DIY Screen Printing: Simple, Easy, and Inexpensive

Screen printing relies on stencils — one of the earliest forms of graphic art duplication after woodcuts — etching, and engraving. The screen printing process was developed at the turn of the 20th century and used extensively in advertising. However, when you think of screen printing, it’s the DIY screen printing of Pop artists from the 60s like Andy Warhol that probably come to mind. Warhol blurred the lines between fine art and commercial design, producing repetitive screen prints of Campbell’s Soup cans or Marilyn Monroe. Warhol proved that high art could be mass produced using the screening process. Today, you can do the same inexpensively at home.

Although the process can reproduce clean, sharp lines, it’s the imperfections, the texture, and the handmade quality of screen printing that have the most appeal. Replicate a design quickly, but each will still have that touch of handmade quality that elevates the print to a form of artwork. No wonder screen prints are still as popular as ever today in a world dominated by everything that is mass produced by computers. Using DIY screen printing techniques, you can make and sell your T-shirts and crafts that have that professional yet handmade look that will never go out of style. You could even aspire to create beautiful art like Andy Warhol.

Screen printing has been around since well before 960 AD when the Song dynasty created images of Buddha using forced ink techniques. Even before that, the ancient Polynesians used the method to make prints, forcing dyes through holes cut in banana leaves. The idea may have come from watching insects chew holes in leaves and then observing rain or moisture as it passed through the holes.

The screening process was developed in Japan with the katagami art form. Artisans carefully cut paper stencils held together using human hair. The hair was strong enough to hold stencils together but still allowed ink to pass through to a surface like rice paper. Eventually, strong silk material took the place of hair, which is why the process is often referred to as silkscreening. When alternatives to expensive silk were discovered using synthetic fibers, the screen printing process caught on in America. Commercial artists started making wallpaper designs, advertisements, T-shirts, and even fine art. Although DIY screen printing has been around a long time, it’s still one of the newest types of art in the West.

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DIY Screen Printing Basics

screen printing

Image by Viola Renate from Flickr

You may hear DIY screen printing referred to by many names: silk screening, screen printing, or serigraphy, the word some use to designate fine art instead of commercial printing. The basic process is always forcing a dye, paint, or other colored substance through a prepared stencil to create a print on a surface. The printer produces a stencil on a fine mesh of fabric stretched over a frame. A squeegee presses the dye through the stencil in a controlled way. A thick layer of ink is the result. Thus, the print quality tends to be long-lasting and durable.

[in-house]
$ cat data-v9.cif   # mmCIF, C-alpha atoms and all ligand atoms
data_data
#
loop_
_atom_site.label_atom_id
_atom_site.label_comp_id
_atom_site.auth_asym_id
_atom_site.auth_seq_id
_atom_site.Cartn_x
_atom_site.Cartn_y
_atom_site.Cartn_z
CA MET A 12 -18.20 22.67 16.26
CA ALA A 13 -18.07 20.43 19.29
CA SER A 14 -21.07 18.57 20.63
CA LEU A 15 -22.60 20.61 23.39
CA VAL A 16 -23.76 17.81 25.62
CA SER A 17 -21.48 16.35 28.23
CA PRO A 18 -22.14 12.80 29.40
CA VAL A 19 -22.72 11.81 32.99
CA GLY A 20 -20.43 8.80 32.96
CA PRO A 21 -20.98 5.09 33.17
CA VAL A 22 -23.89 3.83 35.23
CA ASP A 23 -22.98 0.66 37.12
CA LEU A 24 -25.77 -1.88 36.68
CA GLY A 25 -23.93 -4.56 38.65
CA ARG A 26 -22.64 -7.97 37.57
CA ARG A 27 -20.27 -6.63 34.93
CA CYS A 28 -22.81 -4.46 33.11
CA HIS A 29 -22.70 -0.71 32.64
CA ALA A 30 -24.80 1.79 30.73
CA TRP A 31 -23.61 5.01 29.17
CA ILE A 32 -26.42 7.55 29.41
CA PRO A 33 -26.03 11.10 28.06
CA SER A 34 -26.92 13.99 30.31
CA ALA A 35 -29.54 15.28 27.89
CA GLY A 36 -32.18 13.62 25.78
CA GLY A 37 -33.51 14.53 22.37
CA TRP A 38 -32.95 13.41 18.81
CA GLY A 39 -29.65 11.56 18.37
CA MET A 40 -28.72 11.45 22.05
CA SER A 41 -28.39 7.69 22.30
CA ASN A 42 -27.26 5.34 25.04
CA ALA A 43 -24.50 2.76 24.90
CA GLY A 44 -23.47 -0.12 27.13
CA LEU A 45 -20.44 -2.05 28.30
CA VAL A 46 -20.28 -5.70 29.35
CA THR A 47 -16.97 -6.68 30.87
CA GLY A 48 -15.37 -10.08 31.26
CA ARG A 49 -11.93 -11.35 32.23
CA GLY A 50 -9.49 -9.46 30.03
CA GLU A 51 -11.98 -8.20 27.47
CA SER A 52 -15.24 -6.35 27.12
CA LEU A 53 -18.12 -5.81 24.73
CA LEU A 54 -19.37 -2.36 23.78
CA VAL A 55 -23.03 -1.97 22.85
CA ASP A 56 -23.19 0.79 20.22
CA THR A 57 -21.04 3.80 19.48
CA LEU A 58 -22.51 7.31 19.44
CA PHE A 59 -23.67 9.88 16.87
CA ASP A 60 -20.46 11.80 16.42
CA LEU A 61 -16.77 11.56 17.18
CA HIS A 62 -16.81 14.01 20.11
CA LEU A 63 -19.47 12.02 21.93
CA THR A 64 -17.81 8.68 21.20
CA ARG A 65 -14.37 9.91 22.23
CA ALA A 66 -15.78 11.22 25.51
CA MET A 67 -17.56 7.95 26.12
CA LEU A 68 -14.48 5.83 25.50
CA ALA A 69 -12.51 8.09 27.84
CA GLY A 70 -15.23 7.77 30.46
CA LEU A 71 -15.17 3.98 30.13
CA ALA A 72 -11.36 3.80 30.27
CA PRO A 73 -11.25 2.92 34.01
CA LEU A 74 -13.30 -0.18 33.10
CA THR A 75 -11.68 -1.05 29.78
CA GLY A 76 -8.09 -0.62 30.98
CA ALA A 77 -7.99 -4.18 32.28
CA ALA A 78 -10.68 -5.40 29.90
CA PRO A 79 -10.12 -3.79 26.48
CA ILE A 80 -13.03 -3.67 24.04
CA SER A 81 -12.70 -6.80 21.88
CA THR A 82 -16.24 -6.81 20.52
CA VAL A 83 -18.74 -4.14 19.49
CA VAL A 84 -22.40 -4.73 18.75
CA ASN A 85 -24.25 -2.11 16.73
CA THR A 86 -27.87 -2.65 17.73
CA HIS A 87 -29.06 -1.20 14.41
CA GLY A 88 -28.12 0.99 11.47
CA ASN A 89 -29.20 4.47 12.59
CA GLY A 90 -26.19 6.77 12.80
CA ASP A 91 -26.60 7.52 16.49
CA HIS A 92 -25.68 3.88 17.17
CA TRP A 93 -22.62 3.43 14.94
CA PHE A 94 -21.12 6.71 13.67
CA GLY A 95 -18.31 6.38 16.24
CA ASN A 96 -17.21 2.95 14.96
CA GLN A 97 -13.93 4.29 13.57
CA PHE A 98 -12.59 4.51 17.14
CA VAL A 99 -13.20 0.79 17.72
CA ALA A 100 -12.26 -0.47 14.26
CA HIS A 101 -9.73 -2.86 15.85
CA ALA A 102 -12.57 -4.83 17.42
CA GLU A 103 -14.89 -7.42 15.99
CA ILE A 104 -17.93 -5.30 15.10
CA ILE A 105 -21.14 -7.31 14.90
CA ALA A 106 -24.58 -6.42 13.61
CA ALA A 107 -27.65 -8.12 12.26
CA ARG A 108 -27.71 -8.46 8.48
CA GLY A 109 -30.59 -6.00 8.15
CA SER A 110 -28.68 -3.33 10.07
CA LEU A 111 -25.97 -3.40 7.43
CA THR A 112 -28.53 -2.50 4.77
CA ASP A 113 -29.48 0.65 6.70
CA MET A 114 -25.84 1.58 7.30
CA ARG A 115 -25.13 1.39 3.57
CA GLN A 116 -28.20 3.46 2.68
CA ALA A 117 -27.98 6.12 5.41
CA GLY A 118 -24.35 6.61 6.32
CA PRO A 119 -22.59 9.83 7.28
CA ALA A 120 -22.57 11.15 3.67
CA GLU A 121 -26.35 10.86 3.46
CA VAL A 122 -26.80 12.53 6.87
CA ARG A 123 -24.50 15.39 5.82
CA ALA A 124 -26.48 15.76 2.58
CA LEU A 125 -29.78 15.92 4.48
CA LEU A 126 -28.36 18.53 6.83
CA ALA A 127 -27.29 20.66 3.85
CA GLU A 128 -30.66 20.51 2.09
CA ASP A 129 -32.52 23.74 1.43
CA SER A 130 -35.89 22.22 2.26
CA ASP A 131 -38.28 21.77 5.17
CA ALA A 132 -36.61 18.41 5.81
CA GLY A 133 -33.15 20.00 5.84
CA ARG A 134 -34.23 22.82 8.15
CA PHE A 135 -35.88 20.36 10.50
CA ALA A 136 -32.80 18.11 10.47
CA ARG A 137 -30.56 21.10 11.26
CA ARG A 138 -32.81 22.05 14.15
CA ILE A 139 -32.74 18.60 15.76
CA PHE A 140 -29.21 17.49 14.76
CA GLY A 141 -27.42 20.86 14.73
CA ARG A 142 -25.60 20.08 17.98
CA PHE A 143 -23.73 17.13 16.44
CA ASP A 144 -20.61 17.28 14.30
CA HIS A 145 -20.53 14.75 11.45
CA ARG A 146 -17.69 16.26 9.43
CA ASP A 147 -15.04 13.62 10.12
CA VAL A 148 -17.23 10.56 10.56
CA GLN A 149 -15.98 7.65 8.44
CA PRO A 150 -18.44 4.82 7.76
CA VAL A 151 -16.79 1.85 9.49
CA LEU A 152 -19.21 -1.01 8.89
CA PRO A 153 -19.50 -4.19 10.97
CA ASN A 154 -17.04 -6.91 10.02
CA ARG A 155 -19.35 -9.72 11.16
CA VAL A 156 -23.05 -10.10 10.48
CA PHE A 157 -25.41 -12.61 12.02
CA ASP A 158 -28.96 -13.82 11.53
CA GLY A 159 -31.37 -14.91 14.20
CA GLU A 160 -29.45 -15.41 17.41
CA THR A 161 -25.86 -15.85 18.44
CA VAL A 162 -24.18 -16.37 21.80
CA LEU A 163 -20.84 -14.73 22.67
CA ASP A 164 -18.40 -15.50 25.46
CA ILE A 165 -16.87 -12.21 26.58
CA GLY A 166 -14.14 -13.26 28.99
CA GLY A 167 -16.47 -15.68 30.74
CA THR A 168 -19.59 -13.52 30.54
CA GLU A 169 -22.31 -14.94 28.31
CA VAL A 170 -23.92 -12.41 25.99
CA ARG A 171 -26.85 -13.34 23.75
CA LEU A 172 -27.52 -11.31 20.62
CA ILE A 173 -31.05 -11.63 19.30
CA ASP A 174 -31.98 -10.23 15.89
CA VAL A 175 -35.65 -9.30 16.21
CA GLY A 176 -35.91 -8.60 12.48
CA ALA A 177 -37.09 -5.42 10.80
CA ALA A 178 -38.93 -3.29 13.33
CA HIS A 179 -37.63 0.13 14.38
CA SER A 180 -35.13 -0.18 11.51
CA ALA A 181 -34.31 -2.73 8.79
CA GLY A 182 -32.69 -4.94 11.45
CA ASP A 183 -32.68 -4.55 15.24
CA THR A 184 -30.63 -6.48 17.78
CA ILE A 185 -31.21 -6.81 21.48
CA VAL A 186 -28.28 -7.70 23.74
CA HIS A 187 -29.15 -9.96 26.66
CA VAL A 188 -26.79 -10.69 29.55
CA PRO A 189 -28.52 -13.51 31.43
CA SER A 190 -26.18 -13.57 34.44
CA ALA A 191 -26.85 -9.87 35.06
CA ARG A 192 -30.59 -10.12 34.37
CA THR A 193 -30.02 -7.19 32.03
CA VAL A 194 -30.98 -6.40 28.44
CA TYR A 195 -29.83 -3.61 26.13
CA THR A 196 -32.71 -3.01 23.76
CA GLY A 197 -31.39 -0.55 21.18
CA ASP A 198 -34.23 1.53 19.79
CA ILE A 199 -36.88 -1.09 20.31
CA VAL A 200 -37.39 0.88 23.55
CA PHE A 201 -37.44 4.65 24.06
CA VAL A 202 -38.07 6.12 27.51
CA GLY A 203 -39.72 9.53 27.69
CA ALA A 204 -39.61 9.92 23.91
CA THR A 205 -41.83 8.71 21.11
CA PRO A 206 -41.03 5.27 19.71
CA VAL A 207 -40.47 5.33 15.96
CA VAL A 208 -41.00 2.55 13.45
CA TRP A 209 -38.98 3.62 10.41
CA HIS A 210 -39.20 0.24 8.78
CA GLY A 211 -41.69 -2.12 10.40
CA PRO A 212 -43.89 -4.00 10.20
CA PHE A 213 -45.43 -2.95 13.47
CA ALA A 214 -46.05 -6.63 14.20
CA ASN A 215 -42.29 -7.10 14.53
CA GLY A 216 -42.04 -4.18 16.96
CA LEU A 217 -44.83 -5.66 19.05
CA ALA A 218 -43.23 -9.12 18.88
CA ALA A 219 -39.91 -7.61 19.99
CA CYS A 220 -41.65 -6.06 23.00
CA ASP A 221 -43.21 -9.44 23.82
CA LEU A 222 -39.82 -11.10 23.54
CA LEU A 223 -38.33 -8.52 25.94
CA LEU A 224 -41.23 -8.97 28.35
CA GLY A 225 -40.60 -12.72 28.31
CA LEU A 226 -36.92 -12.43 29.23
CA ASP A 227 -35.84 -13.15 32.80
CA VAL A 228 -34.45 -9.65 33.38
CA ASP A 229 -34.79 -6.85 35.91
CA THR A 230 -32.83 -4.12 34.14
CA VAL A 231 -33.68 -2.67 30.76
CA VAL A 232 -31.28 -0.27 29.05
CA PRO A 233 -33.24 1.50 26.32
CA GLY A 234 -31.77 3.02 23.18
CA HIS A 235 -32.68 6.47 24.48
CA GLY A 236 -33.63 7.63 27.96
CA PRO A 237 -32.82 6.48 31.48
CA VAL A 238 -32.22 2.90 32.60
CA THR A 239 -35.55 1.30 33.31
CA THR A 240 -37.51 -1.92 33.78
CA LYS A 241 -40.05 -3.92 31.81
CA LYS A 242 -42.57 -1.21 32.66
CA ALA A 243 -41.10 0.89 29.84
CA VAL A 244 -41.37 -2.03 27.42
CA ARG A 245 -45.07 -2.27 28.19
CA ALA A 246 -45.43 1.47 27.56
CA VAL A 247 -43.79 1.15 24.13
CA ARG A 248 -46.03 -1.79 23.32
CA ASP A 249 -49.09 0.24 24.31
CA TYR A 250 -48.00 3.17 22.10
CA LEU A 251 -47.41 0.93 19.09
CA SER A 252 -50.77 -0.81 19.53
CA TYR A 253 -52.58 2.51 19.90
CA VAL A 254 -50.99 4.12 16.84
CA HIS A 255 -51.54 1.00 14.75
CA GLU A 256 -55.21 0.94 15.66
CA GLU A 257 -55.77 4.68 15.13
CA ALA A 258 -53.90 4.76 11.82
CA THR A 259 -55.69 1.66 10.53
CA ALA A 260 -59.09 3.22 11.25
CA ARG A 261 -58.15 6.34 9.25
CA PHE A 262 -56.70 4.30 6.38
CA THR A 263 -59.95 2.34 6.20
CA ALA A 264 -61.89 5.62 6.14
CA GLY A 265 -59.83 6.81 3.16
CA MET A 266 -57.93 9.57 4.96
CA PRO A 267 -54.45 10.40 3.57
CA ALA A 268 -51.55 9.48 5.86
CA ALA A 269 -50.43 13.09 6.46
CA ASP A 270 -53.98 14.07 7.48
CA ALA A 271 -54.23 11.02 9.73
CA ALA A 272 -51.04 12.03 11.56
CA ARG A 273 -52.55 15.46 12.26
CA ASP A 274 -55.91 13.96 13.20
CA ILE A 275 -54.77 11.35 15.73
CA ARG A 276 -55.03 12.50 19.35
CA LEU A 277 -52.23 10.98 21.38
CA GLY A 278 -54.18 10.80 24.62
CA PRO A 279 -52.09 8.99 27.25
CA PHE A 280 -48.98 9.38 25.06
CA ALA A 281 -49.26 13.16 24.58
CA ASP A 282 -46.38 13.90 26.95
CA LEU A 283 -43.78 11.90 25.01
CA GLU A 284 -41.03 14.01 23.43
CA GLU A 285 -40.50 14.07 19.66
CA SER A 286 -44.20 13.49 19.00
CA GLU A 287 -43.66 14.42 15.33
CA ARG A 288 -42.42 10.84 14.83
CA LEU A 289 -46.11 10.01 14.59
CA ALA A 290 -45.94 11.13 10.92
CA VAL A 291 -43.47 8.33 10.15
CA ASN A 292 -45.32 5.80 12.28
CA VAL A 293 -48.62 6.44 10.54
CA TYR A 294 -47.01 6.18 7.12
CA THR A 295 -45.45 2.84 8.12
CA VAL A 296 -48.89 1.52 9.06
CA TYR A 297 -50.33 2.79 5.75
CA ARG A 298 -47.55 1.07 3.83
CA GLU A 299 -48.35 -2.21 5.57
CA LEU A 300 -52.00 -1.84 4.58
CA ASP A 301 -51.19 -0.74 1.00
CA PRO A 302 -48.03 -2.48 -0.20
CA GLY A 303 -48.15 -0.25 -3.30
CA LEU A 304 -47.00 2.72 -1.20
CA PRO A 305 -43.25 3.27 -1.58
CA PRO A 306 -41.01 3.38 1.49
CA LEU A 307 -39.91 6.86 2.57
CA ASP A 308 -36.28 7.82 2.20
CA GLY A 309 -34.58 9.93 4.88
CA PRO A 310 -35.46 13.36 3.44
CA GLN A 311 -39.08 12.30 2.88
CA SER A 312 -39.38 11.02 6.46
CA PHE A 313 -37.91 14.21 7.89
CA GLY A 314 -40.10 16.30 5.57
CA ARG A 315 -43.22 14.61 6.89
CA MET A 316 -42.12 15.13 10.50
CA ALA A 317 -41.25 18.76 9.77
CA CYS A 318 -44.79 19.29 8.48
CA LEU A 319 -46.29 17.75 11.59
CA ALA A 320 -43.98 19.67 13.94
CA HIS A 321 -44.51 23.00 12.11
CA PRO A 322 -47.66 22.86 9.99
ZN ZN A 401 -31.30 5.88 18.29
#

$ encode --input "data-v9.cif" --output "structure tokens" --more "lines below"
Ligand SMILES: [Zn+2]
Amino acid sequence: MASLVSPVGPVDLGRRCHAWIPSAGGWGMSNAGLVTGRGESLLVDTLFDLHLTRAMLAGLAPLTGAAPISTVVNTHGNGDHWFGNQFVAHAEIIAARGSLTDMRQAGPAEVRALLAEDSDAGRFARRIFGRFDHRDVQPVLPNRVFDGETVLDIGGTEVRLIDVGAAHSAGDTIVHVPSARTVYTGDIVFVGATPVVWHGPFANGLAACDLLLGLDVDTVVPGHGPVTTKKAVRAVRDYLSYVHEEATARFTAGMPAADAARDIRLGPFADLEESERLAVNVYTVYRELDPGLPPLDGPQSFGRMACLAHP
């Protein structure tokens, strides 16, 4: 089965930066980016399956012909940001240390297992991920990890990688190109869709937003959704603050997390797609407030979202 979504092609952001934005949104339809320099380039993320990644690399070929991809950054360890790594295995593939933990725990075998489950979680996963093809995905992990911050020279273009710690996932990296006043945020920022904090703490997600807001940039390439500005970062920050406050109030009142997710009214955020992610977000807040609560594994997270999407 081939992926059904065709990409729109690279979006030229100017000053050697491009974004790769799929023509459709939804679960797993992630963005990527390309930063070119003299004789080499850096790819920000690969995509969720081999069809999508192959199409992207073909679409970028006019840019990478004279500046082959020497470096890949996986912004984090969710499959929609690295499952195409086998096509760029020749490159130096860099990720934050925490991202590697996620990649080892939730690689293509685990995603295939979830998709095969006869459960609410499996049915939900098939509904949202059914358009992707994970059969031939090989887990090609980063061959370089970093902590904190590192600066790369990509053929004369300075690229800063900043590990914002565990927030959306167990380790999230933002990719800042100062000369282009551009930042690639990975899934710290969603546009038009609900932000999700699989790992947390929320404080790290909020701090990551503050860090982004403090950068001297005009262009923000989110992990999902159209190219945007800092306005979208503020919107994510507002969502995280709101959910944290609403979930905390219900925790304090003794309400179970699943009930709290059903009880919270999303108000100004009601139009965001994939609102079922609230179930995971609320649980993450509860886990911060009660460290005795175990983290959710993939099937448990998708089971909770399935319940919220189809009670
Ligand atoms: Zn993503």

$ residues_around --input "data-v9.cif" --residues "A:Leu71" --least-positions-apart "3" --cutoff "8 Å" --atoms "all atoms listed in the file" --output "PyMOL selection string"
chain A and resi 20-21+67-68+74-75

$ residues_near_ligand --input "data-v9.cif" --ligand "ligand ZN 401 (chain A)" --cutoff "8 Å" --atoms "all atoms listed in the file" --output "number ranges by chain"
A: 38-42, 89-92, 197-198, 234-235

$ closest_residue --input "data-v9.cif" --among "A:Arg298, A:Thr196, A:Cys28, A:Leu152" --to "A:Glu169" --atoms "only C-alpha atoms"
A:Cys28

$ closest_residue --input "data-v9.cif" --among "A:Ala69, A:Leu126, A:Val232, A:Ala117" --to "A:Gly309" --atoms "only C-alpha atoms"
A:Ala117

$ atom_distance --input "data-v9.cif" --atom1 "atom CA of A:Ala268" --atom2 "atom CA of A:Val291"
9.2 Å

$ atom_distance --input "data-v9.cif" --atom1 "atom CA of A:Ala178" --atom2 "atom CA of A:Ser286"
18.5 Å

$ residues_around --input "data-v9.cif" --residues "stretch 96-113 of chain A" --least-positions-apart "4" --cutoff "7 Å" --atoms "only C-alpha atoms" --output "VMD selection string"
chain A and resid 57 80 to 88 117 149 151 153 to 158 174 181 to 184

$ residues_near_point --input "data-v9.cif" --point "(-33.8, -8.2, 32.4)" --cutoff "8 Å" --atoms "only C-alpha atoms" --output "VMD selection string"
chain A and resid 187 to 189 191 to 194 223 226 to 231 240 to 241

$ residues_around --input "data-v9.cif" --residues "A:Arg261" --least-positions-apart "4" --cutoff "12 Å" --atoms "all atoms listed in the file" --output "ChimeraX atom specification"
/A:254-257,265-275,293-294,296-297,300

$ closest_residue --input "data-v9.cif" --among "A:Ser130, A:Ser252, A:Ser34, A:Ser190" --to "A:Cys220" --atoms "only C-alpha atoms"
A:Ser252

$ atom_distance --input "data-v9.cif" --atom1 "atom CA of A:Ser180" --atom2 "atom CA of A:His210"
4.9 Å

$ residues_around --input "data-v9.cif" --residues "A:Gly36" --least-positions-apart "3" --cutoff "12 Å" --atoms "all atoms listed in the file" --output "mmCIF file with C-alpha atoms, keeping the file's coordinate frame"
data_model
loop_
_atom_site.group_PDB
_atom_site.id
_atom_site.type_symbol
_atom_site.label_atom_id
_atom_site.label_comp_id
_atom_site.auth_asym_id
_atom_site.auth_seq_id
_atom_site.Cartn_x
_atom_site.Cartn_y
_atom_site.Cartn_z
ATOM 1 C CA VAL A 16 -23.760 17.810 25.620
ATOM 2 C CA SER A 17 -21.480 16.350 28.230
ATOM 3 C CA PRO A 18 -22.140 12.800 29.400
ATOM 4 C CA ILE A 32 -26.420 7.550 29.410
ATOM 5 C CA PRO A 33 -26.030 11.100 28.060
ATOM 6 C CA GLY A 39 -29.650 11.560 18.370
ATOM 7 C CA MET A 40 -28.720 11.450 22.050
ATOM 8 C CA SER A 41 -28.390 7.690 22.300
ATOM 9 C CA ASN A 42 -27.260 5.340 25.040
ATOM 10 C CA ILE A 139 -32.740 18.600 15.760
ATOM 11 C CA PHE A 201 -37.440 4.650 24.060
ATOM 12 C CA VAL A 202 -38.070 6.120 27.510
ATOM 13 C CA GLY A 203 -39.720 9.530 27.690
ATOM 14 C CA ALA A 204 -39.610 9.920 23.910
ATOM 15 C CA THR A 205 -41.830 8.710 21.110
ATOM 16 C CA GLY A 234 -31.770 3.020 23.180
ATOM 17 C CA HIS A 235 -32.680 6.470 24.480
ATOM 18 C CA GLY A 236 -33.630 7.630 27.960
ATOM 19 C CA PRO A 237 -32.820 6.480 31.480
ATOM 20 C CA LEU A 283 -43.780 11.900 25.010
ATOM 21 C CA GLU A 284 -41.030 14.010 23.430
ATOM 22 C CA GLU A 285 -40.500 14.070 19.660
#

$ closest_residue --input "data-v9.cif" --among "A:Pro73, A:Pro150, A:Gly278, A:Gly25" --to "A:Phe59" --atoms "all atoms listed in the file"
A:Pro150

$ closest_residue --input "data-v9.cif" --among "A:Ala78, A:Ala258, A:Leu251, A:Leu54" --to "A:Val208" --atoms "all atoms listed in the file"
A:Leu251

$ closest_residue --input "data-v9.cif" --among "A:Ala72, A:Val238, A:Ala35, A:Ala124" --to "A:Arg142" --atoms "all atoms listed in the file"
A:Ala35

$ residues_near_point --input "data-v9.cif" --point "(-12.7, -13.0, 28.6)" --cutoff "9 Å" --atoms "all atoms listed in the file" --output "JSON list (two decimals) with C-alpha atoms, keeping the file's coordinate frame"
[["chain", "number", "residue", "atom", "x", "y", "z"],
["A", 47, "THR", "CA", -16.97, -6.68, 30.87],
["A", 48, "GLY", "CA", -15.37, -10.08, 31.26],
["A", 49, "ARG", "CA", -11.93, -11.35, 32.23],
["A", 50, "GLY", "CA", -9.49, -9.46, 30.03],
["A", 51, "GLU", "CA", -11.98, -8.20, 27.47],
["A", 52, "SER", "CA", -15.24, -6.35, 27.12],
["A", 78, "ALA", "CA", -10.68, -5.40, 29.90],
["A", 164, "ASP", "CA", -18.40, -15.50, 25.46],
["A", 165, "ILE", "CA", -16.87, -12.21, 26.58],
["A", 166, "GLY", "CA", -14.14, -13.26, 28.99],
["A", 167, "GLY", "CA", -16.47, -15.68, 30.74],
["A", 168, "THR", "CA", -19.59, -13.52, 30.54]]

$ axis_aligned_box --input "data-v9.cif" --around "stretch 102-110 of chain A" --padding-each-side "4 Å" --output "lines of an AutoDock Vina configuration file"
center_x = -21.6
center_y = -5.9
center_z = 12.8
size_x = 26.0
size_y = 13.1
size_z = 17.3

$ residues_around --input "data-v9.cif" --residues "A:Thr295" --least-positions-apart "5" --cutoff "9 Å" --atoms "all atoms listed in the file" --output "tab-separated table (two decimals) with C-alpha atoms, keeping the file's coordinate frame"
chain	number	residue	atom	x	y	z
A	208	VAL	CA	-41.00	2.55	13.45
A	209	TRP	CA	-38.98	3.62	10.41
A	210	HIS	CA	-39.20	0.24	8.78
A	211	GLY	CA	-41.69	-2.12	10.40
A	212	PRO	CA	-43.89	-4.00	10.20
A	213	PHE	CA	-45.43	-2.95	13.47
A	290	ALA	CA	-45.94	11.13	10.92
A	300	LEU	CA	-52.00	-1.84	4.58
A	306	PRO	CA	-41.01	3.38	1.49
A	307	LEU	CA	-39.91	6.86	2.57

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Embrace the mess

The first hurdle to get over when contemplating DIY screen printing is the inevitable mess. Oh yes, working with ink is almost always messy. If you’re an artist, this won’t bother you, but it doesn’t hurt to be ready. Wear gloves, an apron, and have some baby wipes to clean exposed hands. Since not everyone has a studio, you may need to lay down drop cloths, use fans and open windows for ventilation. Some techniques we’ll look at require a dark room. In that case, you may need to work on designating a closet or basement area to serve as a makeshift darkroom. Don’t worry, a darkroom isn’t mandatory. Once you prepare the work area, you are free to create without worries, and that makes it more fun. For most people, anyway.

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Choosing Your First Design

When starting with DIY screen printing, it’s best to K.I.S.S. That is, keep it simple stupid. That’s a design principle found useful in many fields, but it especially true for your first screen print. No, it’s not because you’re stupid, but because of the nature of the process. If your stencil has tiny lines, those lines may not appear as you expect. Unless you are an expert, one expects imperfections and some texture with the process. Small areas will tend to look uneven. For best results, try to pick a design with bold solid lines and shapes. That way, imperfections will not impact the overall design. Imperfections can complement rather than detract from the artwork.

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Ways to Make a Stencil

Before you start printing, you’ll need a finished stencil on fabric. There are many ways to mask out the areas of the material to create a stencil. Let’s take a look at several techniques that all produce a stencil which can be reused many times if you clean the ink off after use.

Keep in mind with any stencil: If you apply the stencil to the outside of your stretched-fabric frame, it will create a mirror image of the design. If you are using words, you may have to start with a mirror image of the design so that it reads correctly when printed left to right from the other side onto the substrate. To avoid the problem, flip the design horizontally using image-editing software before printing.

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Modern shortcuts

Thanks to modern digital printing, software, and the internet, you don’t have to cut out a stencil by hand. You can copy an image you like online, then take that image into an image-editing program like Photoshop. The idea is to have a silhouette all in black because you build a screen print with just one color at a time. Use software to get rid of grey areas and darken lines, so you end up with an all-black design. Then print it out, and your stencil is halfway there.

Note: If you use the photo emulsion technique below, you will need to print the design on transparency material using a laser jet printer. You can also have it printed for you at your local copy shop.

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Photo emulsion stencil

One method to make your stencil is using a purchased photo emulsion solution. The solution comes with a sensitizer to combine with the emulsion right before you begin. The emulsion will also have important directions to follow. Later, you’ll need to have a dark room set up, as well as a lamp with a darkroom bulb (usually red) so you can see what’s going on. The photo emulsion is squeegeed onto the entire screen in a thin layer on both sides. See instructions for how long it should take to dry.